You do not create or change asset class each day or each year. But some geopolitical or economic events can change the correlation of asset-class. On the last forty years, five big events have created long-term waves bringing volatility and changing the face of the financial world for at least a decade. The consequences of some of them are not completely understood yet. But these events should drive the process to pick up the asset class.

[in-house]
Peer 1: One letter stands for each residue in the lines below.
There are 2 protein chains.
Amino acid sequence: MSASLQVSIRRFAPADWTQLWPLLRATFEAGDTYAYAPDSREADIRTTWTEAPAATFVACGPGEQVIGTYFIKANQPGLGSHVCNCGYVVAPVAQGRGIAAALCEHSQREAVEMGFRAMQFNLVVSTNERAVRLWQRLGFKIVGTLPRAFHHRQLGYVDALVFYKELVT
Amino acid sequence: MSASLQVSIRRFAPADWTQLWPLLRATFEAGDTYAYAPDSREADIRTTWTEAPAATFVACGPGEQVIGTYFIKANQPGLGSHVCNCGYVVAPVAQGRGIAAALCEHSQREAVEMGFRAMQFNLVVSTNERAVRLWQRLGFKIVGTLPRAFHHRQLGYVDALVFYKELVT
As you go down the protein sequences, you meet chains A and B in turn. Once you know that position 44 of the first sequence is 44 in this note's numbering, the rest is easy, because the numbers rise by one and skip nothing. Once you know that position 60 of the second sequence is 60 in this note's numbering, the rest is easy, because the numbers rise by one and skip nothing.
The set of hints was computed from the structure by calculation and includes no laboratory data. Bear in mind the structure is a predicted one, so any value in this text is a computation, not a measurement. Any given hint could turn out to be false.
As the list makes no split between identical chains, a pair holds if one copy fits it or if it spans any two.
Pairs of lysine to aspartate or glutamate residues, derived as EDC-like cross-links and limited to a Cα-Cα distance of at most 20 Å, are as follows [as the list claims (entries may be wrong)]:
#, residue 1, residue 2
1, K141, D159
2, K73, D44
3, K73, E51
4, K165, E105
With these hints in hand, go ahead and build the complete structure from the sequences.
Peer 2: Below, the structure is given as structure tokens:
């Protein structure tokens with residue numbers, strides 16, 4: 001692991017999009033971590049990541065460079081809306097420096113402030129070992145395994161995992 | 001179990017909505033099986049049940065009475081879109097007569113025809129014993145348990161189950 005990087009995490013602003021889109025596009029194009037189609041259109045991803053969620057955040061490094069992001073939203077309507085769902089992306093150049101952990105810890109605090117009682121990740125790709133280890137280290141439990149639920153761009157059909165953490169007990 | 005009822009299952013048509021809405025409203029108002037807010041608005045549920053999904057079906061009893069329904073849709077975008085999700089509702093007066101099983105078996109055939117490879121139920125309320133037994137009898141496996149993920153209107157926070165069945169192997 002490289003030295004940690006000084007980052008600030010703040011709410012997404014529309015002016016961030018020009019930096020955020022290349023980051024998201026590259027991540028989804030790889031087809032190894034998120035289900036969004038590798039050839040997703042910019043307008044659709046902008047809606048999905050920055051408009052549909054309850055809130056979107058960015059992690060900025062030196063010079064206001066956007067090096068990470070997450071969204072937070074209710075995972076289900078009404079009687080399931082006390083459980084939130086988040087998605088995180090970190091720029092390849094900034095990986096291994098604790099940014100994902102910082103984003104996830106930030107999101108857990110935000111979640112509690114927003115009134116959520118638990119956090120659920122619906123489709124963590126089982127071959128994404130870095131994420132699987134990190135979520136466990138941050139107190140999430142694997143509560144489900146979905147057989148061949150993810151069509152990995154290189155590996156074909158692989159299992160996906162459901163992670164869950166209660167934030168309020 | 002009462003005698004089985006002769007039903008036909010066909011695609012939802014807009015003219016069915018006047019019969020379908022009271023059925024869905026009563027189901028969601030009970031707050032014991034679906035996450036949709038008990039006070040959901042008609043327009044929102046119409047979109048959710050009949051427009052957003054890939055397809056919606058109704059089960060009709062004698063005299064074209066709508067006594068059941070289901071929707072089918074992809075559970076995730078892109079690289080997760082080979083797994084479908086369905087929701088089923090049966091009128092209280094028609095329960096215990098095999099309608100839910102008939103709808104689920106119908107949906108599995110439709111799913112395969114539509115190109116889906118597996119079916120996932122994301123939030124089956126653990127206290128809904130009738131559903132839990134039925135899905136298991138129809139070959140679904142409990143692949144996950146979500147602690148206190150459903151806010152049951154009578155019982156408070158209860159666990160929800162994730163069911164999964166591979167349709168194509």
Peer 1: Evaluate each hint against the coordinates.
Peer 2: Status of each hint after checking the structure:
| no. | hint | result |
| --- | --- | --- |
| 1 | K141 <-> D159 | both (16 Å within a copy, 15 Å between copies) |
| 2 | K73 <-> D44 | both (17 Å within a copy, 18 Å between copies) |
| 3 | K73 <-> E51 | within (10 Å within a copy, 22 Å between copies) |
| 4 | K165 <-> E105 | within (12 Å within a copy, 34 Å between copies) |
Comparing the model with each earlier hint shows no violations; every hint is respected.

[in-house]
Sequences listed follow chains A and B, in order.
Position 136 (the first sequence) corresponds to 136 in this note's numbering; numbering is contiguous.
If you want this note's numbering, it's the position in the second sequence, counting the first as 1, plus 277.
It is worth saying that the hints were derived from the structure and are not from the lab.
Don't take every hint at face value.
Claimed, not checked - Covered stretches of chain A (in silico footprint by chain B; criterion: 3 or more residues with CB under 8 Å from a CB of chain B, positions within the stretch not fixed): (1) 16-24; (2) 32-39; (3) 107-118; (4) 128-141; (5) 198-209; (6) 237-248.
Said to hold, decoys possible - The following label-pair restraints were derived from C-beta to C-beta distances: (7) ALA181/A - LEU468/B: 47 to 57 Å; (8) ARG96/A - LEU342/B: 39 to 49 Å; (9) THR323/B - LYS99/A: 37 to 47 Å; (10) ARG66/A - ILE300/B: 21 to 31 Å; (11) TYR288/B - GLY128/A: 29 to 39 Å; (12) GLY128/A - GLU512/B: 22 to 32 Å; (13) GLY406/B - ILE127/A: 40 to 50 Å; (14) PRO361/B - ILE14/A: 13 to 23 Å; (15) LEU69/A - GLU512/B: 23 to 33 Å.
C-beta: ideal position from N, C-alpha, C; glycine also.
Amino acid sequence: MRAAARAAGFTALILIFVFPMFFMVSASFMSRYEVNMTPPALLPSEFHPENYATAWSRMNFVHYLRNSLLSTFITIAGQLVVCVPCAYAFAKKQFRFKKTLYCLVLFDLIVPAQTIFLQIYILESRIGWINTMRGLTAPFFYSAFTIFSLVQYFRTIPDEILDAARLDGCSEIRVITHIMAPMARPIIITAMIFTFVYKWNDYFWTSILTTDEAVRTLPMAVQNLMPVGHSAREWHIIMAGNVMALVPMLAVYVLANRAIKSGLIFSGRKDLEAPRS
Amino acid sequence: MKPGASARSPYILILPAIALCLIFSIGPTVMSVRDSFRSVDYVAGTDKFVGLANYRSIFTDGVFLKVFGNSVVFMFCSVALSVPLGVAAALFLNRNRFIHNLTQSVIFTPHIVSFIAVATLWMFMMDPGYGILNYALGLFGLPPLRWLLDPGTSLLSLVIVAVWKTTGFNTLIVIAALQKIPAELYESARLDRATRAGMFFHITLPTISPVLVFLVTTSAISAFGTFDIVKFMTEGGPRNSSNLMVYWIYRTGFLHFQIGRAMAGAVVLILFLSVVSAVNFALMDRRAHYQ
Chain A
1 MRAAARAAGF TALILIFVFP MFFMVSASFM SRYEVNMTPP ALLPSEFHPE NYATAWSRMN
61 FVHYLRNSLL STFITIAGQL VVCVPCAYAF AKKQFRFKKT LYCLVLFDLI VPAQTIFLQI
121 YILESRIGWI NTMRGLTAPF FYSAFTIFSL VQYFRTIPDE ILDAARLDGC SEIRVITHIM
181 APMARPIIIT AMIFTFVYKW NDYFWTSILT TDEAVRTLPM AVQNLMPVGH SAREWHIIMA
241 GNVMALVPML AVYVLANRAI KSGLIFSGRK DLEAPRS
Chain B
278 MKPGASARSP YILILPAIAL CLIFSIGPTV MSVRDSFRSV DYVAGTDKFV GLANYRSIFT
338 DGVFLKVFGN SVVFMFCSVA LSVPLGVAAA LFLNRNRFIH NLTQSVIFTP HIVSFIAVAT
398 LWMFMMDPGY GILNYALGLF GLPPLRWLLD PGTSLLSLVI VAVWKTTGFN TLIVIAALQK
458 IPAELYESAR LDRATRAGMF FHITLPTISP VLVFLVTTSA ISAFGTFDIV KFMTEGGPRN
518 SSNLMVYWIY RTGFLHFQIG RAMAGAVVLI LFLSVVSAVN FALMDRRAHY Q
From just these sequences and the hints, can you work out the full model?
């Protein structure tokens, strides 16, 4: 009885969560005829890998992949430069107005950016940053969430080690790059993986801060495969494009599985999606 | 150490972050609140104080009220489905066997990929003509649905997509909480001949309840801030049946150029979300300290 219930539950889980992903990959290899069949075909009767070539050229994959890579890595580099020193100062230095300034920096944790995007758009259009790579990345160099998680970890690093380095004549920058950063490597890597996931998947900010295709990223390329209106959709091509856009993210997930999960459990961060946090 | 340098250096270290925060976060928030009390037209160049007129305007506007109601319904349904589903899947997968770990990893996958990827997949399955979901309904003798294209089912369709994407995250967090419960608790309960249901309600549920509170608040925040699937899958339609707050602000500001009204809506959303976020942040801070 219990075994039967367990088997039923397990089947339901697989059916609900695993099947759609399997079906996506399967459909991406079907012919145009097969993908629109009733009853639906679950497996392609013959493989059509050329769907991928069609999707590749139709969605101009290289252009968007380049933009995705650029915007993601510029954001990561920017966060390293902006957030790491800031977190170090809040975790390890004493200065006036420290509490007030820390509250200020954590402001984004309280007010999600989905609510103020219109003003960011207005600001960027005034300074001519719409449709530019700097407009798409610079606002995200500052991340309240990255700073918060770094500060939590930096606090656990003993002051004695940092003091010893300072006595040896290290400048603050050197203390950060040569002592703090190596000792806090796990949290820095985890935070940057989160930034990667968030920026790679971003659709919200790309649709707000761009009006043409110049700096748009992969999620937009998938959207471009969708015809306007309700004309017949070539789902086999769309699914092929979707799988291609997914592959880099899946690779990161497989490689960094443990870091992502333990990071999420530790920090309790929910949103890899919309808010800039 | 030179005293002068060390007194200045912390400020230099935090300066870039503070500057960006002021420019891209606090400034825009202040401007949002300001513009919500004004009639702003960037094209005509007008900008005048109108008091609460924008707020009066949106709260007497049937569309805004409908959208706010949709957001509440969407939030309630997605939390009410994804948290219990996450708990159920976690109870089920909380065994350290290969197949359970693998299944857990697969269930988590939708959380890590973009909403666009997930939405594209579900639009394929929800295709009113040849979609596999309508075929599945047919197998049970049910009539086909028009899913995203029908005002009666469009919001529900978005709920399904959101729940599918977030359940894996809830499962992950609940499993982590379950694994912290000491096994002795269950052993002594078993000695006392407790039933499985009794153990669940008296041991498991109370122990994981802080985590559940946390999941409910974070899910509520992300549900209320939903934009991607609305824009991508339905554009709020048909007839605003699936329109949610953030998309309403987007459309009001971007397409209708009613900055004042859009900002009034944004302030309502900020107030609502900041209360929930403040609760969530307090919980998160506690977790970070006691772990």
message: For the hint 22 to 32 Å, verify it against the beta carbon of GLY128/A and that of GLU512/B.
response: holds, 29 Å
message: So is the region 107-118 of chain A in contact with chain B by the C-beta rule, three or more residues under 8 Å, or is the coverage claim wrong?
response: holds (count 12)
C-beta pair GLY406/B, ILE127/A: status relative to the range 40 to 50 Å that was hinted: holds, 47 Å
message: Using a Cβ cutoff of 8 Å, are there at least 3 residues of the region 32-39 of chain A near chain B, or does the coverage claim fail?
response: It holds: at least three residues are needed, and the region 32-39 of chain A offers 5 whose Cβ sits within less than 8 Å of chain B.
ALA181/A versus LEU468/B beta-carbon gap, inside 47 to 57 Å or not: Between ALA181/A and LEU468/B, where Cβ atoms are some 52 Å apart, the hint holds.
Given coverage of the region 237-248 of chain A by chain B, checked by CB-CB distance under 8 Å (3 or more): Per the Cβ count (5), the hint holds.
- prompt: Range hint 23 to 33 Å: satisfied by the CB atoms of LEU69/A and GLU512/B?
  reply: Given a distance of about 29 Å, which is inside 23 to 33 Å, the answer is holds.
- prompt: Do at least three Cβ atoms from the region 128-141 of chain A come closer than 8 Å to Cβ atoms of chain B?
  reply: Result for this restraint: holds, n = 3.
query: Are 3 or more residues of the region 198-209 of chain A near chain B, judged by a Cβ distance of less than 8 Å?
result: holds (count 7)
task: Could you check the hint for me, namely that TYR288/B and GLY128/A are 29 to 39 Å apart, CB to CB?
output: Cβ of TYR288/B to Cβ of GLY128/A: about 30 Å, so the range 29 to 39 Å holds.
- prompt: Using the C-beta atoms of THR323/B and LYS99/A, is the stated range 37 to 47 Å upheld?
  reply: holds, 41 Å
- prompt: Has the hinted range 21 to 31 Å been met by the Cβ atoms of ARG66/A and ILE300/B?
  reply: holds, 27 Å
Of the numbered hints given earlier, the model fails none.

1. August 1971 and the suspension of the convertibility USD-Gold. The end of the Bretton Woods system (1944), fixed exchange rates based on the U.S. dollar, which was redeemable for gold by the U. S. government, brought huge volatility in the financial spaces with global consequences. For Paul Krugman, the crash of 1987 is a direct consequence of this decision. Because the Federal Reserve is not obliged to tie the dollar to anything. It can print as much or as little money as it deems appropriate. Above all, the Fed is free to respond to actual or threatened recessions by pumping in money. For sure, the end of Bretton Woods’s system has changed the face of the financial market by increasing massively volatility. The costs of this volatility are hard to measure (partly because sophisticated financial markets allow businesses to hedge much of that risk), but they must be significant.